To help manage roles from the access node, you can use the distributed_exec function. This is useful for creating and configuring roles across all data nodes in the current database.

When you create a distributed role, it is important to consider that the same role might require different configuration on the access node compared to the data nodes. For example, a user might require a password to connect to the access node, while certificate authentication is used between nodes within the cluster. You might also want a connection limit for external connections, but allow unlimited internal connections to data nodes. For example, the following user can use a password to make 10 connections to the access node but has no limits connecting to the data nodes:

CALL distributed_exec($$ CREATE ROLE alice WITH LOGIN CONNECTION LIMIT -1; $$);

For more information about setting up authentication, see the multi-node authentication section.

Some roles can also be configured without the LOGIN attribute on the access node. This allows you to switch to the role locally, but not connect with the user from a remote location. However, to be able to connect from the access node to a data node as that user, the data nodes need to have the role configured with the LOGIN attribute enabled. To create a non-login role for a multi-node setup, use these commands:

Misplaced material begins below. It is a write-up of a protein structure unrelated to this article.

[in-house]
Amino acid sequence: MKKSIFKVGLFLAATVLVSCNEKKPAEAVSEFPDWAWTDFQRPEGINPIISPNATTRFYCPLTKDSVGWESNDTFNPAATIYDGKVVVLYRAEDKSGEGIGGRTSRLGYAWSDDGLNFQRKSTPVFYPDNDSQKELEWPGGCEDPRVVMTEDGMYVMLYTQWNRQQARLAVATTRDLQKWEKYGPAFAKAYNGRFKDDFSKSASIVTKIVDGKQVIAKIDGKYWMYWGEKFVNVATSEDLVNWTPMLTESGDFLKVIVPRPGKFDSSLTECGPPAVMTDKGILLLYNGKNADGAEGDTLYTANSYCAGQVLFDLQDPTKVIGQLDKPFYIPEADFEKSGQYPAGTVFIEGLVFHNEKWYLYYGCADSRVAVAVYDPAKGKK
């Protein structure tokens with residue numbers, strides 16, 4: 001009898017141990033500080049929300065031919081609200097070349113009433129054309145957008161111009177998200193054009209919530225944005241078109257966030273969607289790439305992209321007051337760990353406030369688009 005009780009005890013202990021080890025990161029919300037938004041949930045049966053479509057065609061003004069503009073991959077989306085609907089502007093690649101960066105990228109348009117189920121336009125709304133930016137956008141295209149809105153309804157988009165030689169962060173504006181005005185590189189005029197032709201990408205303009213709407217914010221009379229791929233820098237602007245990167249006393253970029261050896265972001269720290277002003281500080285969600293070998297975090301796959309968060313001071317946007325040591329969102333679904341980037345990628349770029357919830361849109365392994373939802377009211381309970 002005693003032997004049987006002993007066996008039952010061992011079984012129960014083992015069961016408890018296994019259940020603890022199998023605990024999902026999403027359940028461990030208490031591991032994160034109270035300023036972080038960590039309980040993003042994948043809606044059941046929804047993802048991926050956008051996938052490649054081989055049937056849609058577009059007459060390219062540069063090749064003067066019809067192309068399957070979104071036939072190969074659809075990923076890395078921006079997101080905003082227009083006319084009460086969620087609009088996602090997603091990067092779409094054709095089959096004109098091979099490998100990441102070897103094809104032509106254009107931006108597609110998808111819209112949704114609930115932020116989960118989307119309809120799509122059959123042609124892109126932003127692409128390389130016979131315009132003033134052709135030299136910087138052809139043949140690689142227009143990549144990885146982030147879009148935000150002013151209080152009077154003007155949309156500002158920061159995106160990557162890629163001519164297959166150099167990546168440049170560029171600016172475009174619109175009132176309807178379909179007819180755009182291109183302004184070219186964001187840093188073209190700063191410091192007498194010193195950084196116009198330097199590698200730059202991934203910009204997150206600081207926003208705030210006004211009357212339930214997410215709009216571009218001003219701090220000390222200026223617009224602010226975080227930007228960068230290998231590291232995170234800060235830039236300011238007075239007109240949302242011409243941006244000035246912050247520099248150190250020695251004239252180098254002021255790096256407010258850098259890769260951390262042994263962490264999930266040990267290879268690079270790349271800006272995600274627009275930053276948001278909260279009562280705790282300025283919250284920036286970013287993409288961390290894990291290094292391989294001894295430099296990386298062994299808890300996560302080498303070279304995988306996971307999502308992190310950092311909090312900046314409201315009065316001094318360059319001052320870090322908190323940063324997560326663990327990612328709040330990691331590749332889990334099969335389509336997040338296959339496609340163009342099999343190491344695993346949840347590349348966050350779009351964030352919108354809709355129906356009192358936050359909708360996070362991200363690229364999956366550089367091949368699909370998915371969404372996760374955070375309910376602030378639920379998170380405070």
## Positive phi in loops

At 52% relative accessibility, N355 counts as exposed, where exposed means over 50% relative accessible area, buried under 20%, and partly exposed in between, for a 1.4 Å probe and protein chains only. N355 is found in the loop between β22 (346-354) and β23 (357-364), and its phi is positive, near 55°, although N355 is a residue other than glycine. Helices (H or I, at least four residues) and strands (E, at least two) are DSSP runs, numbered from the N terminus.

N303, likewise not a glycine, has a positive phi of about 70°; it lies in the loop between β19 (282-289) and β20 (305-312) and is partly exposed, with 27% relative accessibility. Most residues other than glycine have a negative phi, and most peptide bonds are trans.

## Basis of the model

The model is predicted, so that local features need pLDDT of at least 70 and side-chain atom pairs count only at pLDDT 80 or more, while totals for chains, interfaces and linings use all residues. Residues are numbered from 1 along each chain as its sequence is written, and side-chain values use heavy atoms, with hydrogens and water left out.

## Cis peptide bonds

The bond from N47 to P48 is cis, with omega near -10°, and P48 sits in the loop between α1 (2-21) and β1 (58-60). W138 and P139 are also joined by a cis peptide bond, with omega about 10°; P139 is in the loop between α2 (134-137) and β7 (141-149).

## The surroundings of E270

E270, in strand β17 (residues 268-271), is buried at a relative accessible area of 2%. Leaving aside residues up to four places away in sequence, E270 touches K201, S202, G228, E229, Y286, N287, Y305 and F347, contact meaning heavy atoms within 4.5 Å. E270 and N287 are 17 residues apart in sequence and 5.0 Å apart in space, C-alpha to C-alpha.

CALL distributed_exec($$ CREATE ROLE alice WITH LOGIN; $$);

To allow a new role to create distributed hypertables it also needs to be granted usage on data nodes, for example:


By granting usage on some data nodes, but not others, you can restrict usage to a subset of data nodes based on the role.

When you alter a distributed role, use the same process as creating roles. The role needs to be altered on the access node and on the data nodes in two separate steps. For example, add the CREATEROLE attribute to a role as follows:

CALL distributed_exec($$ ALTER ROLE alice CREATEROLE; $$);

A distributed database can contain both distributed and non-distributed objects. In general, when a command is issued to alter a distributed object, it applies to all nodes that have that object (or a part of it).

However, in some cases settings should be different depending on node, because nodes might be provisioned differently (having, for example, varying levels of CPU, memory, and disk capabilities) and the role of the access node is different from a data node's.

This section describes how and when commands on distributed objects are applied across all data nodes when executed from within a distributed database.

The ALTER DATABASE command is only applied locally on the access node. This is because database-level configuration often needs to be different across nodes. For example, this is a setting that might differ depending on the CPU capabilities of the node:

ALTER DATABASE mydatabase SET max_parallel_workers TO 12;

The database names can also differ between nodes, even if the databases are part of the same distributed database. When you rename a data node's database, also make sure to update the configuration of the data node on the access node so that it references the new database name.